Davao City Mayor Rodrigo Duterte started his presidential campaign by firing a salvo against the Aquino administration, saying corruption and criminality is prevalent because President Benigno Aquino 3rd did nothing to stop these problems.
He vowed to cleanse the government of corruption and put a stop to the drug menace if he wins the presidential race.
Speaking in Tagalog, Cebuano and English, Duterte said that he is angry with the present administration because with Aquino at the helm, obedience of the law is by choice.
“Ang daang matuwid, wala talagang daang matuwid. Walang dinadaanan. (There is no straight path to speak of. There is no path,)” he said during the PDP-Laban’s kick-off rally in Tondo, Manila.
Duterte also lambasted the government for its inefficiency in solving the daily monstrous traffic jams in Metro Manila.
“This goverment may be of the people, by the people but definitely this government is not for the people,” he said.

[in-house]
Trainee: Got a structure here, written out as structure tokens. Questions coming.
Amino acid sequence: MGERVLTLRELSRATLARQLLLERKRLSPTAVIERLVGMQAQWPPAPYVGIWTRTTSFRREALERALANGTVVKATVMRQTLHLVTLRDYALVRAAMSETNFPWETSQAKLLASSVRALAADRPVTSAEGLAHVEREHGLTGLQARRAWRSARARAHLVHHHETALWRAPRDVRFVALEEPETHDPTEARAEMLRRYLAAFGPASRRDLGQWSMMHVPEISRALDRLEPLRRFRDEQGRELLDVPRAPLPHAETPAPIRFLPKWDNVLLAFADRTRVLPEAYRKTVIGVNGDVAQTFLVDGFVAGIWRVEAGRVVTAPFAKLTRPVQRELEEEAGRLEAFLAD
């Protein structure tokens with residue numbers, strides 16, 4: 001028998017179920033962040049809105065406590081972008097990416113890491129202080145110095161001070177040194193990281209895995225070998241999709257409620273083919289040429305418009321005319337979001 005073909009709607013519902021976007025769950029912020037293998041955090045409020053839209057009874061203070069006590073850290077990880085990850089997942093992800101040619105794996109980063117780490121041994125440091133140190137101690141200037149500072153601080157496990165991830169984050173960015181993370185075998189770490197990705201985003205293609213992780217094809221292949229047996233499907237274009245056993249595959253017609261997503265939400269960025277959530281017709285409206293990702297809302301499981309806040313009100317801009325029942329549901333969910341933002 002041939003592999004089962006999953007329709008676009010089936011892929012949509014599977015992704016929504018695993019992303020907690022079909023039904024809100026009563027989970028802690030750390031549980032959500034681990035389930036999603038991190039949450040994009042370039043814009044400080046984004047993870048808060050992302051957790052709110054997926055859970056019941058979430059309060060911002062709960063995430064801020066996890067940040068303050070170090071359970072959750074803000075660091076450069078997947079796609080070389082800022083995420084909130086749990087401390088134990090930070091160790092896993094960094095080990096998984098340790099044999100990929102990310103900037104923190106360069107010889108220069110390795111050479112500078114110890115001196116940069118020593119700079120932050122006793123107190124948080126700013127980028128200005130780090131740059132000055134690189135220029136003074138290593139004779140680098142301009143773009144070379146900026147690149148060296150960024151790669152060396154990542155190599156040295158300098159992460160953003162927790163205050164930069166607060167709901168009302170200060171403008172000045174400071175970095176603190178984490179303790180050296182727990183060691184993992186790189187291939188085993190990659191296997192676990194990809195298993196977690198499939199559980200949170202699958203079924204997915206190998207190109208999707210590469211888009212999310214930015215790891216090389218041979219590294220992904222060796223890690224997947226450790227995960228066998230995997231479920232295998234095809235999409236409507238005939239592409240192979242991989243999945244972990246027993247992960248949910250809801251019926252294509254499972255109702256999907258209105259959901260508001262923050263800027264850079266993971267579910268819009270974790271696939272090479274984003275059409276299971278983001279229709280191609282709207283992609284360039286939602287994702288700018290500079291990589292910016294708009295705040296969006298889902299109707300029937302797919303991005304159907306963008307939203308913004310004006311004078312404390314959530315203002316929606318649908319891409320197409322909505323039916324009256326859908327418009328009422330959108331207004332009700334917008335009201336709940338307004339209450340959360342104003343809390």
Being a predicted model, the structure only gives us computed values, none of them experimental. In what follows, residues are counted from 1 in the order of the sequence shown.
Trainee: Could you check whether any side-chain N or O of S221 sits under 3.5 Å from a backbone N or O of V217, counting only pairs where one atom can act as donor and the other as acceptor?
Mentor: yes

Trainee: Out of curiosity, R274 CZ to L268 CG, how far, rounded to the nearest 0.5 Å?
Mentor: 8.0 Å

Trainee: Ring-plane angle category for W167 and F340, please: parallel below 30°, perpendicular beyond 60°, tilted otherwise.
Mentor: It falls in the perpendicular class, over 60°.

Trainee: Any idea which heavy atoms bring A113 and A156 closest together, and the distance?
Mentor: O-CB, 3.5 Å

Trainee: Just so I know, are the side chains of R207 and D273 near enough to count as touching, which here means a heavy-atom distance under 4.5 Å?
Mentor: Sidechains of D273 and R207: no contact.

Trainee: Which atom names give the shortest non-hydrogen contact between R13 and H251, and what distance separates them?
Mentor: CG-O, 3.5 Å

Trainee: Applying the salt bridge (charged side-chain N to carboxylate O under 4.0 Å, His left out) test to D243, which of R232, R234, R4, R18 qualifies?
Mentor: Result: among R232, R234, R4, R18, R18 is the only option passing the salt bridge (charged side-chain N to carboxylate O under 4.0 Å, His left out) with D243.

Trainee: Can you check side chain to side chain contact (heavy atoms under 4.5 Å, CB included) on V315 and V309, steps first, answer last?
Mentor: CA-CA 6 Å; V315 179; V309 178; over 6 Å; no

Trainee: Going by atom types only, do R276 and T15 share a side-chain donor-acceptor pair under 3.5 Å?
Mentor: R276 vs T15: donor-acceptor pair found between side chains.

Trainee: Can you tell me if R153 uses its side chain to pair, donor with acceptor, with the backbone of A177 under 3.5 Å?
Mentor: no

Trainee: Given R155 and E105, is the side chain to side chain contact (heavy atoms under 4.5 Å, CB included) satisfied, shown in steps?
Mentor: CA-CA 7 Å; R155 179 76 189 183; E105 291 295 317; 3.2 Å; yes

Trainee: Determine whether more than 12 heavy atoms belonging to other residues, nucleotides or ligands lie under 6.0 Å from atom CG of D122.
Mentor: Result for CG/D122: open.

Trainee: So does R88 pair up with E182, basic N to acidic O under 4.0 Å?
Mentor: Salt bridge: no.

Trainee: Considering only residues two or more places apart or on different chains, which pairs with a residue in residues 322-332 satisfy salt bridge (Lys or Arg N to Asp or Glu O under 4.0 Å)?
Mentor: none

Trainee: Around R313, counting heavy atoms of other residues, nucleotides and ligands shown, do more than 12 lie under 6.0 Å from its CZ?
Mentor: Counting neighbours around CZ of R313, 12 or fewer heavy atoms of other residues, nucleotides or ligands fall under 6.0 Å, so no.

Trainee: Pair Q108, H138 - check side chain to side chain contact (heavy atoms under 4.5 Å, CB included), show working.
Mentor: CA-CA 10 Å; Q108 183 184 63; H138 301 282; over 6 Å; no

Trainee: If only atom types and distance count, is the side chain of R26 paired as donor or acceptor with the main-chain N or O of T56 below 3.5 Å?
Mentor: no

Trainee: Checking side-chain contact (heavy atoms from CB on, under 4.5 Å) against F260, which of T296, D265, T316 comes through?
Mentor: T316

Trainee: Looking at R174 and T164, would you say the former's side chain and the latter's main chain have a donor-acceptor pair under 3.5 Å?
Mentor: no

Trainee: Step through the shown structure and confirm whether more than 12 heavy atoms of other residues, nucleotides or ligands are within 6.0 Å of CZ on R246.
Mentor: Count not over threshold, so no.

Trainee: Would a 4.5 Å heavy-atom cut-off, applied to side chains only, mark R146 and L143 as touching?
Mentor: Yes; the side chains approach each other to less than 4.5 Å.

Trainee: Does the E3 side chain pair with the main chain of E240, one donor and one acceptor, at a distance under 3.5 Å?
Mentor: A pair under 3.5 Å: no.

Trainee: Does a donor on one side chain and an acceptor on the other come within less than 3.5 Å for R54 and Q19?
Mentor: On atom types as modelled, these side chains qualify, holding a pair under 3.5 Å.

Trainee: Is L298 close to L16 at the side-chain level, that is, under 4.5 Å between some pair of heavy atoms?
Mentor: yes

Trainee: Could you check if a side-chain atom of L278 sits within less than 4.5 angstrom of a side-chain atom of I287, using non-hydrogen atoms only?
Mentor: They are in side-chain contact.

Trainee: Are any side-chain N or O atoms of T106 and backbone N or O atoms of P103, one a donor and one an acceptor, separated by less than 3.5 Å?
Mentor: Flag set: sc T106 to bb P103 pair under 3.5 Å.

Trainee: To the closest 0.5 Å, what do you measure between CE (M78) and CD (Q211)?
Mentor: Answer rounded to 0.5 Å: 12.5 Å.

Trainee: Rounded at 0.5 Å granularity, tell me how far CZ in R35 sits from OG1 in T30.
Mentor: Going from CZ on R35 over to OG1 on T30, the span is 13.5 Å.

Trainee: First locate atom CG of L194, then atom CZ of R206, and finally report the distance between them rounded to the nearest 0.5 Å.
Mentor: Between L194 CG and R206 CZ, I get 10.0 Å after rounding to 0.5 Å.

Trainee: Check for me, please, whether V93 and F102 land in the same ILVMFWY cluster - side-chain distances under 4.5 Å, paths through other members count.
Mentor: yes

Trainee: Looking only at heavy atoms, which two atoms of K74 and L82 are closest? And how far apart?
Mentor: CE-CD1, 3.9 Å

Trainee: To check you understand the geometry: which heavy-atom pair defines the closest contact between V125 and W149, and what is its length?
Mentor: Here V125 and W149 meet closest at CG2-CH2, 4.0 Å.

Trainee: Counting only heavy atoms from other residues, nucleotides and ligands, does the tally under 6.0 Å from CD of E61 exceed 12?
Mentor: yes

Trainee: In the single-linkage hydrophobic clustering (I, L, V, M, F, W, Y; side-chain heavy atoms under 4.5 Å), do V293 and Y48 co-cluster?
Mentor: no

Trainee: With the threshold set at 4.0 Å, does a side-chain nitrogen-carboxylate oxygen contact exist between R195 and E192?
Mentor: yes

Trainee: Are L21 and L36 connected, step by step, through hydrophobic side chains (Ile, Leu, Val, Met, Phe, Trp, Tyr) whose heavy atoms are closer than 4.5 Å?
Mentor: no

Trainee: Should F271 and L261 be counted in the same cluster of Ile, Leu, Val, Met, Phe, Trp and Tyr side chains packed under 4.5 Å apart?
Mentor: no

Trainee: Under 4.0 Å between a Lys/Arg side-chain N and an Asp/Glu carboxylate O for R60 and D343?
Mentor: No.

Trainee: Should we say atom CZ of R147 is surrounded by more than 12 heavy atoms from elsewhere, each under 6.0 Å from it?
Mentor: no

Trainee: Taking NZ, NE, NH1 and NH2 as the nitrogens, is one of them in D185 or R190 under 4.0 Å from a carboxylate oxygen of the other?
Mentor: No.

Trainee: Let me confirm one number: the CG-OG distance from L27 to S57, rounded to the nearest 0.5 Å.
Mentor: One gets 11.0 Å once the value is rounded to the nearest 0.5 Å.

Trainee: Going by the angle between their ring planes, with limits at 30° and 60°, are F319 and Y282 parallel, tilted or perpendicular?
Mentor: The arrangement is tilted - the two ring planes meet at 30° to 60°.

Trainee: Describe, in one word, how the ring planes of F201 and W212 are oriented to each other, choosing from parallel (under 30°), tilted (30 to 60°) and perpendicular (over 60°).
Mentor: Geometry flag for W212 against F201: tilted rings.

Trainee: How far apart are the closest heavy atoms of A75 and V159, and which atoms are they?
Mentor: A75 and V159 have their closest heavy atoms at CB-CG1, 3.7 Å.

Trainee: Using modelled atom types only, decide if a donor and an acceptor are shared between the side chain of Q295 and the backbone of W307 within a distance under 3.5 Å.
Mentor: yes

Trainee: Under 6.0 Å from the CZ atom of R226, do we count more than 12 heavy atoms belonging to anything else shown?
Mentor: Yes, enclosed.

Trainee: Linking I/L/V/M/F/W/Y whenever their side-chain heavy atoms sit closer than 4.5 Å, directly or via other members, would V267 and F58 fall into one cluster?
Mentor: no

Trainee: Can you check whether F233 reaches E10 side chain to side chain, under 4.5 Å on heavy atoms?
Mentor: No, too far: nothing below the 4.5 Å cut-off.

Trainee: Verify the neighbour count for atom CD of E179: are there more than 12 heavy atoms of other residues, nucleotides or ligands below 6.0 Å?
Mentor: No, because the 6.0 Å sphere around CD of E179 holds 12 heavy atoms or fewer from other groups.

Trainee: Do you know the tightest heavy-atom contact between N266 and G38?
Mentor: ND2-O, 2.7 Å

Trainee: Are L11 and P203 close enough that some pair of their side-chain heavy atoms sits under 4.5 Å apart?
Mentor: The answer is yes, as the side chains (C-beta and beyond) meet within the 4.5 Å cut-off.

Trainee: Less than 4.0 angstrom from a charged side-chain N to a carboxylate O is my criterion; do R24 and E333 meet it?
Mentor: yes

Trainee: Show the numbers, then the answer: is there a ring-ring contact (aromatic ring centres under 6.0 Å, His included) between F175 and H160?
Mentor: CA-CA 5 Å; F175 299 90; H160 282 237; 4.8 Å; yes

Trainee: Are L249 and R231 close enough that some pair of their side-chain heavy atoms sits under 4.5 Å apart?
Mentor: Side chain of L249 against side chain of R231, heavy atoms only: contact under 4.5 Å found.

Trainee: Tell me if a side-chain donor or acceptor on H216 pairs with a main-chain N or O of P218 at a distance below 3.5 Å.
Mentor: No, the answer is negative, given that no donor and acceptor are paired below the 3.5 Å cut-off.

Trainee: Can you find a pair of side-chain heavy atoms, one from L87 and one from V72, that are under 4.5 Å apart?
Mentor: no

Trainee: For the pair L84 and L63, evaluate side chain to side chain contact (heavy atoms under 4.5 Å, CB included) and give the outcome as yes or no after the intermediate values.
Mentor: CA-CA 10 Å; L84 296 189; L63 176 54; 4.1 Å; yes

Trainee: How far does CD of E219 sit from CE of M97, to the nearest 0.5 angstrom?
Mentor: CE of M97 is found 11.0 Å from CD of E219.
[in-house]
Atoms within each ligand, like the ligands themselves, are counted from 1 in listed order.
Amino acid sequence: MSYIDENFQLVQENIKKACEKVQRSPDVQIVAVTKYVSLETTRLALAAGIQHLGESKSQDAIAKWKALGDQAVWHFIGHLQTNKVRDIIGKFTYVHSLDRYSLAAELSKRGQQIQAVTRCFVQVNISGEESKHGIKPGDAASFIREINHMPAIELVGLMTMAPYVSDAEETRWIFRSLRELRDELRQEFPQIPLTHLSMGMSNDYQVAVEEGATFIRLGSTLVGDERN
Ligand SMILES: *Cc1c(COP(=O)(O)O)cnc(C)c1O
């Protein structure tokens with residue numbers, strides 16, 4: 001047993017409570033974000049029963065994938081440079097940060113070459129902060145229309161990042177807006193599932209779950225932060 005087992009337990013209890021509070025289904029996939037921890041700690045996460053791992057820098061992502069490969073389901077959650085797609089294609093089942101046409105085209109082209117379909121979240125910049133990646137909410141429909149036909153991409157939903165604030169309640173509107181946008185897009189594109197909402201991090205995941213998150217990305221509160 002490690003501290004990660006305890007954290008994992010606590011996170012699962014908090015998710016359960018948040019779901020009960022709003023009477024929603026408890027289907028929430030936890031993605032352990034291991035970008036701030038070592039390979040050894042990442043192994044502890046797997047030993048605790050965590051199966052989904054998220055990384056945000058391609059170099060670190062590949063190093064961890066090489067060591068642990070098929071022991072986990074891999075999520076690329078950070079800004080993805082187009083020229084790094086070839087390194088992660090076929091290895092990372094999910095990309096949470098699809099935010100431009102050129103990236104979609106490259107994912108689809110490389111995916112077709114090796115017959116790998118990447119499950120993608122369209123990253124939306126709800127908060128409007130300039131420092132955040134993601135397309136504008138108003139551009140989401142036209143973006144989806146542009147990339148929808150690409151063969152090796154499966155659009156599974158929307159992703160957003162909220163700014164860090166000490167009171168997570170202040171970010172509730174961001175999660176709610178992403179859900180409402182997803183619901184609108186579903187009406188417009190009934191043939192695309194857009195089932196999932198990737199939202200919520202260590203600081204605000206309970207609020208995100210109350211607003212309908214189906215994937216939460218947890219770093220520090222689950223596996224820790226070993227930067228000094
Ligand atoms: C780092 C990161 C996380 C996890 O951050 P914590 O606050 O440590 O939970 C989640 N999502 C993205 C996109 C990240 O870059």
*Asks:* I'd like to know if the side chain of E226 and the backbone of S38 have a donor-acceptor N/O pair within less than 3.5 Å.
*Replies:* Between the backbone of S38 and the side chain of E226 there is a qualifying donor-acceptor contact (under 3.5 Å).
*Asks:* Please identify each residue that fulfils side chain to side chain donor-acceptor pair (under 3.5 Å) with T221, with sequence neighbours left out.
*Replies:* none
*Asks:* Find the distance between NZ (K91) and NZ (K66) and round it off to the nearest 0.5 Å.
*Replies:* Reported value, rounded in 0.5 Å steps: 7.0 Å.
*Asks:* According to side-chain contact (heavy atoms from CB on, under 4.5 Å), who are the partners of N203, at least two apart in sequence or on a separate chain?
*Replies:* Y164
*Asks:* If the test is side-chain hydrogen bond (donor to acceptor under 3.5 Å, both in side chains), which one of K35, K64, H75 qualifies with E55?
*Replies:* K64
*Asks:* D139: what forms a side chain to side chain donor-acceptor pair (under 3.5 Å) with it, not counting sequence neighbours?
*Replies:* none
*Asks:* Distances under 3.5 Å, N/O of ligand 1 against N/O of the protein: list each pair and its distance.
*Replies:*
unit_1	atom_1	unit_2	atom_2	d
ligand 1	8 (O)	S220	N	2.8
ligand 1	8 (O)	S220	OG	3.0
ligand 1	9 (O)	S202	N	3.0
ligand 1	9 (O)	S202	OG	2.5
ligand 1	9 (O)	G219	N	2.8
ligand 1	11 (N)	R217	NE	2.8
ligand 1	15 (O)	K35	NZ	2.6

The tough talking mayor said illegal drugs have flooded the country, burying impoverished Filipinos deeper to a life of poverty. He claimed that in rural areas, farm animals like carabao, chicken and goat and eggs were being made as payment for illegal drugs.
Duterte also trained his guns on drug traffickers, kidnap-for-ransom syndicates, rapists, and corrupt government officials.
“If I win the presidency, I will order the military and the police to kill them all, no more talks,” he said in Filipino. “If cases are filed, I’ll tell them that it’s my order.”
He challenged the criminals to get him before he becomes president, because if not they better change for good or get killed.
He vowed to double the salary of policemen and soldiers and to give their children free education from kindergarten to high school.
He also promised to maintain the Pantawid Pamilya program of the government and provide capital for small and medium scale businesses for deserving individuals.
Duterte also stressed the need of providing credit facilities, through credit unions, to poor people in rural areas without the need of a collateral. WILLIAM B. DEPASUPIL